SIGTYP 2021: The 3rd Workshop on Research in Computational Typology and Multilingual NLP
To be held at NAACL 2021
The aim of the third edition of SIGTYP workshop is to act as a platform and a forum for the exchange of information between typology-related research, multilingual NLP, and other research areas that can lead to the development of truly multilingual NLP methods. The workshop is specifically aimed at raising awareness of linguistic typology and its potential in supporting and widening the global reach of multilingual NLP, as well as at introducing computational approaches to linguistic typology. It will foster research and discussion on open problems, not only within the active community working on cross- and multilingual NLP but also inviting input from leading researchers in linguistic typology.
SIGTYP workshop is the first dedicated venue for typology-related research and its integration in multilingual NLP. Appropriate topics include (but are not limited to) the following as they relate to the areas of the workshop: :
• Language-independence in training, architecture design, and hyperparameter tuning. Is it possible (and if yes, how) to unravel unknown biases that hinder the cross-lingual performance of NLP algorithms and to leverage the knowledge on such biases in NLP algorithms?
• Integration of typological features in language transfer and joint multilingual learning. In addition to established techniques such as “selective sharing”, are there alternative ways to encoding heterogeneous external knowledge in machine learning algorithms?
• New applications. The application of typology to currently uncharted territories, i.e. the use of typological information in NLP tasks where such information has not been investigated yet.
• Automatic inference of typological features. The pros and cons of existing techniques (e.g. heuristics derived from morphosyntactic annotation, propagation from features of other languages, supervised Bayesian and neural models) and discussion on emerging ones.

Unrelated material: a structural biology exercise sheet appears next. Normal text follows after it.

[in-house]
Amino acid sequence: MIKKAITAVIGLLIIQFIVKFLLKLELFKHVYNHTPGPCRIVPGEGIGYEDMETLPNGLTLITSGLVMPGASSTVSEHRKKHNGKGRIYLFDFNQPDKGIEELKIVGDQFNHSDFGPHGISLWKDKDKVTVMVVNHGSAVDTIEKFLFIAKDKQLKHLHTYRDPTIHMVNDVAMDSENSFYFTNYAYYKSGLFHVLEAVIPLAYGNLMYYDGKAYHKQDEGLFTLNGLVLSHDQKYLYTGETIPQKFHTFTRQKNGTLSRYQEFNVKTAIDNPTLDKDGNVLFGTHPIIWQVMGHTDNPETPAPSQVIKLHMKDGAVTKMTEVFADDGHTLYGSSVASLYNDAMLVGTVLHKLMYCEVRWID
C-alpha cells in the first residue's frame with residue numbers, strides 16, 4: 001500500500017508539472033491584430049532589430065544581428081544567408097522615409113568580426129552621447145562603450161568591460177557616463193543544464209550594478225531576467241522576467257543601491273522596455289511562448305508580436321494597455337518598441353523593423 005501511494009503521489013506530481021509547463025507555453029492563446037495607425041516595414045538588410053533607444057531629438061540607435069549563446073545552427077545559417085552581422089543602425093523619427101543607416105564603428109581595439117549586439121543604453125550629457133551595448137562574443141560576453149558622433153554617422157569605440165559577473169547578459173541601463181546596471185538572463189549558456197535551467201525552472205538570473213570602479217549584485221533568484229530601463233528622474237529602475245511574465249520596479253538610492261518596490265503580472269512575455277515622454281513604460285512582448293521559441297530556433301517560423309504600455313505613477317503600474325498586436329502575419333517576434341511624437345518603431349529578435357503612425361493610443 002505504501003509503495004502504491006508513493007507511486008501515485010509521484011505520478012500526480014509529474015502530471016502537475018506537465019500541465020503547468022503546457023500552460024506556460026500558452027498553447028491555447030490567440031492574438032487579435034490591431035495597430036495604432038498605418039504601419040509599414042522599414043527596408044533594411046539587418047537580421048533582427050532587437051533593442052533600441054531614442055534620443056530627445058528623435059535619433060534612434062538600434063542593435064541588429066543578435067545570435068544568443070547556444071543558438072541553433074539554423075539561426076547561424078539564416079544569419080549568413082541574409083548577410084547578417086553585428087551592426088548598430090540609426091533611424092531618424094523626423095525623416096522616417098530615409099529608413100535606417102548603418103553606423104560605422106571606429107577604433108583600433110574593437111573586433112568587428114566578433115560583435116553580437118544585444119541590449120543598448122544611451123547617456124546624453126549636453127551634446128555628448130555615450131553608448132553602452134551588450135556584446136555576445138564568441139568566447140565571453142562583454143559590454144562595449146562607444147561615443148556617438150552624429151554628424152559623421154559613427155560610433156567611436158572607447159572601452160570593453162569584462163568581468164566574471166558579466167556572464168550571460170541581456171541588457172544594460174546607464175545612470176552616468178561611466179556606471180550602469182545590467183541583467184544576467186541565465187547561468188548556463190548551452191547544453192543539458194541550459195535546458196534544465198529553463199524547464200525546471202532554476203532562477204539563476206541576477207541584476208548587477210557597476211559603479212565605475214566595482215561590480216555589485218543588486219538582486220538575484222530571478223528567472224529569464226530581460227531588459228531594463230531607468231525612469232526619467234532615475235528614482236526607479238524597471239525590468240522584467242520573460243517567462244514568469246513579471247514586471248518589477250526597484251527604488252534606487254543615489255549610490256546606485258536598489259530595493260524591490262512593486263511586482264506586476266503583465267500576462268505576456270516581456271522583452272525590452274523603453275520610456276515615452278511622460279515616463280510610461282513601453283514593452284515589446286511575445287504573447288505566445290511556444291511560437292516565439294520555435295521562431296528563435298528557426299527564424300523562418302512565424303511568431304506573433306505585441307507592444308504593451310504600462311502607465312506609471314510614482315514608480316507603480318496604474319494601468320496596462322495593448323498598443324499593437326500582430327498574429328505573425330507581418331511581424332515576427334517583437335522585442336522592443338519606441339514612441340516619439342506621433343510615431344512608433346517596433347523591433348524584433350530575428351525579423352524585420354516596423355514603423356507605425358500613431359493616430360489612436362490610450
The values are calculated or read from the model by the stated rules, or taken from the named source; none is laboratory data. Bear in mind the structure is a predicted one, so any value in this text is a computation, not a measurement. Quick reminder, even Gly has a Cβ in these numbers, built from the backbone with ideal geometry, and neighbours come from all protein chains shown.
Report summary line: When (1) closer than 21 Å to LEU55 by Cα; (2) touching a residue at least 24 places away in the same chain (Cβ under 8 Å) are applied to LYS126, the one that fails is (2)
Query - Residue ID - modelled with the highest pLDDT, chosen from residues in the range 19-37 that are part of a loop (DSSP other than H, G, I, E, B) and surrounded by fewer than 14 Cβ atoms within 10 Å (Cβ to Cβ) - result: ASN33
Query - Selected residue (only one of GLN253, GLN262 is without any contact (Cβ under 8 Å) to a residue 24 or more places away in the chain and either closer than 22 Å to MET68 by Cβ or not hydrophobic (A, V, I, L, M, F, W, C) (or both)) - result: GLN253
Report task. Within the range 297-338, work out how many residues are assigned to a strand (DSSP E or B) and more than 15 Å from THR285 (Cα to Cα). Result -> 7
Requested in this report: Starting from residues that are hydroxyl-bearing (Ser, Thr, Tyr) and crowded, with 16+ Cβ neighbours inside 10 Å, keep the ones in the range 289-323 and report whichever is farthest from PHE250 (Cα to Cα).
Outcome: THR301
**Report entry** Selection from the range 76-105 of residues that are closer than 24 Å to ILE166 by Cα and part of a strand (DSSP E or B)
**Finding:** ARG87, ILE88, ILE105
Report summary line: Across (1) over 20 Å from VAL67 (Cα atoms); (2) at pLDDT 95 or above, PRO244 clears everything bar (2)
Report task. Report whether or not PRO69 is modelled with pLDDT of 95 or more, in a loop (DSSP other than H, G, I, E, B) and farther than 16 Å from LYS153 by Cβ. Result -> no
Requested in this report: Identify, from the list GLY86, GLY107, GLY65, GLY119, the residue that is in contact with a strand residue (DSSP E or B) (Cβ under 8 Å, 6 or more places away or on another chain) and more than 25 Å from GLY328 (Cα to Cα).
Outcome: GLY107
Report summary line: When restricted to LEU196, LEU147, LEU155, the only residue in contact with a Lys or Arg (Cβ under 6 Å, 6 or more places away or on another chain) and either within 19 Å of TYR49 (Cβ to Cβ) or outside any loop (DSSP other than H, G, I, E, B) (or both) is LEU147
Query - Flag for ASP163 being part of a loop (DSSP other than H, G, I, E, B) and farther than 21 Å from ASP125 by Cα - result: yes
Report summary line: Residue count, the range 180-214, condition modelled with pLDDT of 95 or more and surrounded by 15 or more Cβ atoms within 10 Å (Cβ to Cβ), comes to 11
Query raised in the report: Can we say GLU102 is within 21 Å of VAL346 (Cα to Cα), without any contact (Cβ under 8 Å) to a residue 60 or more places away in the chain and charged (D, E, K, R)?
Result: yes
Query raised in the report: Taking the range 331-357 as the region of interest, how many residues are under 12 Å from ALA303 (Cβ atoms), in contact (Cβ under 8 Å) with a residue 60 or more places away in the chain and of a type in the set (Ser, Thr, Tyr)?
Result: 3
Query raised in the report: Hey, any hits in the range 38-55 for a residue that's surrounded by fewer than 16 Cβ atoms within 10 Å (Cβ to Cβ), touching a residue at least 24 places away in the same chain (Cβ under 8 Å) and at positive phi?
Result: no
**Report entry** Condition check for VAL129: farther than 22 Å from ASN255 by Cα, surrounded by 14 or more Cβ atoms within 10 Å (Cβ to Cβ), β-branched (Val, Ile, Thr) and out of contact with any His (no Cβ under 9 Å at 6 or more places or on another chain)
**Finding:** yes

• Typology and interpretability. The use of typological knowledge for interpretation of hidden representations of multilingual neural models, multilingual data generation and selection, and typological annotation of texts.
• Improvement and completion of typological databases. Combining linguistic knowledge and automatic data-driven methods towards the joint goal of improving the knowledge on cross-linguistic variation and universals.
• Linguistic diversity and universals. Challenges of cross-lingual annotation. Which linguistic phenomena or categories should be considered universal? How should they be annotated?
Starting from 2021, the workshop will be dedicated to a shared theme, a central topic that most keynote talks and discussions will be focused on. In 2021, we would like to follow up a recent debate on linguistic diversity (p-linguistics, the study of individual languages) and universalism (g-linguistics, the study of Human Language), see Haspelmath (2020); Evans and Levinson (2009).
Important Dates (all deadlines are 23:59 AoE)
— Submission Deadline:
March, 15 2021March, 29 2021
— Notification of Acceptance: April, 15 2021
— Camera-ready copy due from authors: April, 26 2021
— Workshop: June, 10 2021
We invite both extended abstract submissions (non-archival) and general paper submissions (archival).
The accepted submissions will be presented at the workshop, providing new insights and ideas. Extended abstracts should describe already published work or work in progress and should not exceed two (2) pages. This way, we will not discourage researchers from preferring main conference proceedings, at the same time ensuring that interesting and thought-provoking research is presented at the workshop.
For general (archival) submissions we accept both long and short papers. Short papers should not exceed four (4) pages, long papers should not exceed eight (8) pages papers. Unlimited additional pages are allowed for the references section in all submission types.
Submissions should be anonymous, without authors or an acknowledgement section; self-citations should appear in third person.
Submissions should follow the NAACL-HLT 2021 style guidelines: https://2021.naacl.org/calls/style-and-formatting/; both long and short paper submissions must follow the two-column format of ACL proceedings. All submissions must be in PDF format.
These should be submitted via softconf: https://www.softconf.com/naacl2021/sigtyp2021/